McKissic sermon restored to SWBTS website

Fort Worth—According to Southwestern Baptist Theological Seminary’s chapel archives, a sermon by Dwight McKissic that was once withheld from the website is now available online.

McKissic, pastor of Cornerstone Baptist Church in Arlington and then-trustee of SWBTS, made news in 2006 when he preached a chapel sermon in which he admitted his personal use of a private prayer language and obliquely critiqued International Mission Board policies in place at the time.

“I’m here to say that as the Spirit gives me utterance I pray in tongues in my private prayer life, and I’m not ashamed of that,” McKissic said. “I do believe that all spiritual gifts listed in Scripture are operable today, and by the grace of God some Christians will experience the gift of tongues when filled with the Holy Spirit. 

“I think it’s tragic in Baptist life when we take a valid, vital gift that the Bible talks about and come up with a policy that says people who pray in tongues in their private prayer lives cannot work in certain positions.”

In November of 2005, IMB trustees had voted to establish a policy precluding its incoming field agents from participating in the use of a private prayer language, stating that “if ‘private prayer language’ is an ongoing part of” a missionary candidate’s practice, “the candidate has eliminated himself or herself from being a representative of the IMB of the SBC.”

SWBTS issued a press release later that day explaining the decision to not post McKissic’s sermon.

“[W]hile Southwestern does not instruct its chapel speakers about what they can or cannot say, neither do we feel that there is wisdom in posting materials online which could place us in a position of appearing to be critical of actions of the Board of Trustees of a sister agency,” the statement read. “[T]hough most of Rev. McKissic’s message represented a position with which most people at Southwestern would be comfortable, Rev. McKissic’s interpretation of tongues as ‘ecstatic utterance’ is not a position that we suspect would be advocated by most faculty or trustees.

“For these two reasons stated above the President made the decision not to continue the video-streaming of this message lest uninformed people believe that Pastor McKissic’s view on the gift of tongues as ‘ecstatic utterance’ is the view of the majority of our people at Southwestern.”

Two months after McKissic’s sermon the trustees adopted a statement on private prayer languages, which stated that “Southwestern will not knowingly endorse in any way, advertise, or commend the conclusions of the contemporary charismatic movement including ‘private prayer language.’ Neither will Southwestern knowingly employ professors or administrators who promote such practices.” McKissic was the lone dissenting vote on the motion to adopt the statement.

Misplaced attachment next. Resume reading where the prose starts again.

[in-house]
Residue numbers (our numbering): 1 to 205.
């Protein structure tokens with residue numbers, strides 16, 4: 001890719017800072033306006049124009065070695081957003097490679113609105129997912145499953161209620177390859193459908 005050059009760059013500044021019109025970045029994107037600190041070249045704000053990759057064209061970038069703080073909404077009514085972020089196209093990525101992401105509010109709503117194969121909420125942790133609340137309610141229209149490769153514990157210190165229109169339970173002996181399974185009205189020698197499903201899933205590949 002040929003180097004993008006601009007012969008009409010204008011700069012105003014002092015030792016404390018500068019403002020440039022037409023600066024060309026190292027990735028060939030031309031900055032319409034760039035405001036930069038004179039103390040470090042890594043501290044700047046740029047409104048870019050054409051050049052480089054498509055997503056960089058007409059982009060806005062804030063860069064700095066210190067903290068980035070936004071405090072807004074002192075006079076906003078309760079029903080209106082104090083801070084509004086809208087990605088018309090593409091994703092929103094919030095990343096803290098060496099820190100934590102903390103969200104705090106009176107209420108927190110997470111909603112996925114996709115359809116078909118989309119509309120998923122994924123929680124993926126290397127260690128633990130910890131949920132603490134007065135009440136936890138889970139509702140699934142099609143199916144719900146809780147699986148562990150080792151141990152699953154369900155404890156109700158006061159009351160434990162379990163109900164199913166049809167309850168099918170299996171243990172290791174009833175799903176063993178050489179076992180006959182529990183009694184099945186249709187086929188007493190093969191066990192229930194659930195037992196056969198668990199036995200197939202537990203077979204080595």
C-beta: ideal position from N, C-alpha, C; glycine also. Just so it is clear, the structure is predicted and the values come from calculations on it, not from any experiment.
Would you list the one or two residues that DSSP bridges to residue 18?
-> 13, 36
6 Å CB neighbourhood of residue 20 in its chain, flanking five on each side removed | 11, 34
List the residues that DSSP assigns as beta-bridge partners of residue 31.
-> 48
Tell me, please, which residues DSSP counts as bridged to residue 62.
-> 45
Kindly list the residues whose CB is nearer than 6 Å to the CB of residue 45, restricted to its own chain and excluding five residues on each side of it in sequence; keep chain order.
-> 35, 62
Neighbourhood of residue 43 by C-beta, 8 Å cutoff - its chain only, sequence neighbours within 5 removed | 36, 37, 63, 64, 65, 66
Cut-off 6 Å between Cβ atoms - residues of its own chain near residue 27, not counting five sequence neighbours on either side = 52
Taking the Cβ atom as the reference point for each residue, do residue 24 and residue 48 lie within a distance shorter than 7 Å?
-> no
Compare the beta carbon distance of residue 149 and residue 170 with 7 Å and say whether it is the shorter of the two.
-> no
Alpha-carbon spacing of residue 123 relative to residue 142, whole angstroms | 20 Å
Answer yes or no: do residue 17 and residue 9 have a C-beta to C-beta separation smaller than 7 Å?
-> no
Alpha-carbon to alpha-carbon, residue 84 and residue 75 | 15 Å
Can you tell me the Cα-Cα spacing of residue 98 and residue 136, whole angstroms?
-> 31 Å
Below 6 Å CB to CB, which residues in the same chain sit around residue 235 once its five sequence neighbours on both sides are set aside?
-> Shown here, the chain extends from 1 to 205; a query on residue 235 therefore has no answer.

McKissic’s sermon set off a chain of events—including a meeting with trustee officers and a publicly issued apology—that ultimately led to his 2007 resignation from the seminary’s board.

In his letter of resignation, directed to then-chairman Van McClain, McKissic expressed his love for the seminary despite differences of opinion and regret for “pain and frustration” he had caused the school during his brief tenure as a trustee. 

“I shall always be grateful and honored for the opportunity to have served the SBC and SWBTS this past year,” McKissic wrote. “However, my involvement as a trustee has been a huge distraction from my ministry priorities for the past nine months. I’ve devoted too much mental, physical, emotional and even spiritual energy to matters resulting from the aftermath of my chapel sermon. I’ve been distracted and consumed with SBC/SWBTS matters the past nine months in a way that I haven’t been the past 24 years of pastoring an SBC church.

“It has taken a tremendous toll on my family and ministry, and my wife believes it has negatively impacted my health. I simply want to return to the place I was prior to being a trustee. The time and attention that I’ve given to SBC/SWBTS issues since my chapel sermon, I must now once again devote to my family and the Cornerstone Church.”

The seminary’s release of the sermon was not accompanied by a press release or announcement on social media.

On Twitter, McKissic reacted to the seminary’s decision to restore his sermon to their website.

“Grateful for the decision by SWBTS to remove my ‘06 chapel sermon from censorship. I’m even more excited and grateful for the heart for revival and reconciliation on all fronts at the seminary, where The Word of God & The Spirit of God calls for reconciliation. Praying that SWBTS [sic] best days will be before her, not behind her,” he wrote. “God bless SWBTS.”

The ban on private prayer languages for IMB personnel was reversed by the entity’s board of trustees in 2015, along with loosened restrictions regarding divorce and baptism.

In response to a question from the TEXAN, Charles Patrick, VP of communications said that the addition of the archived sermon was part of the seminary’s task to “ensure and preserve the history of the institution. …“Approximately 30 items a month are updated to the digital archive database … Dr. McKissic’s sermon from 2006 was merely one of those monthly updates. The addition of Dr. McKissic’s sermon has nothing to do with him, Dr. Patterson, or any theological position.”

Update Oct. 26, 4:30. Charles Patrick offered the following clarification to his remarks Friday morning:

“Many decisions have been made as Southwestern moves forward, including the decision to not censor chapel sermons from the historical archives process. Dr. McKissic’s sermon was affected by this decision and it was uploaded to the archives; it was the right thing to do.”

TEXAN Correspondent
Rob Collingsworth
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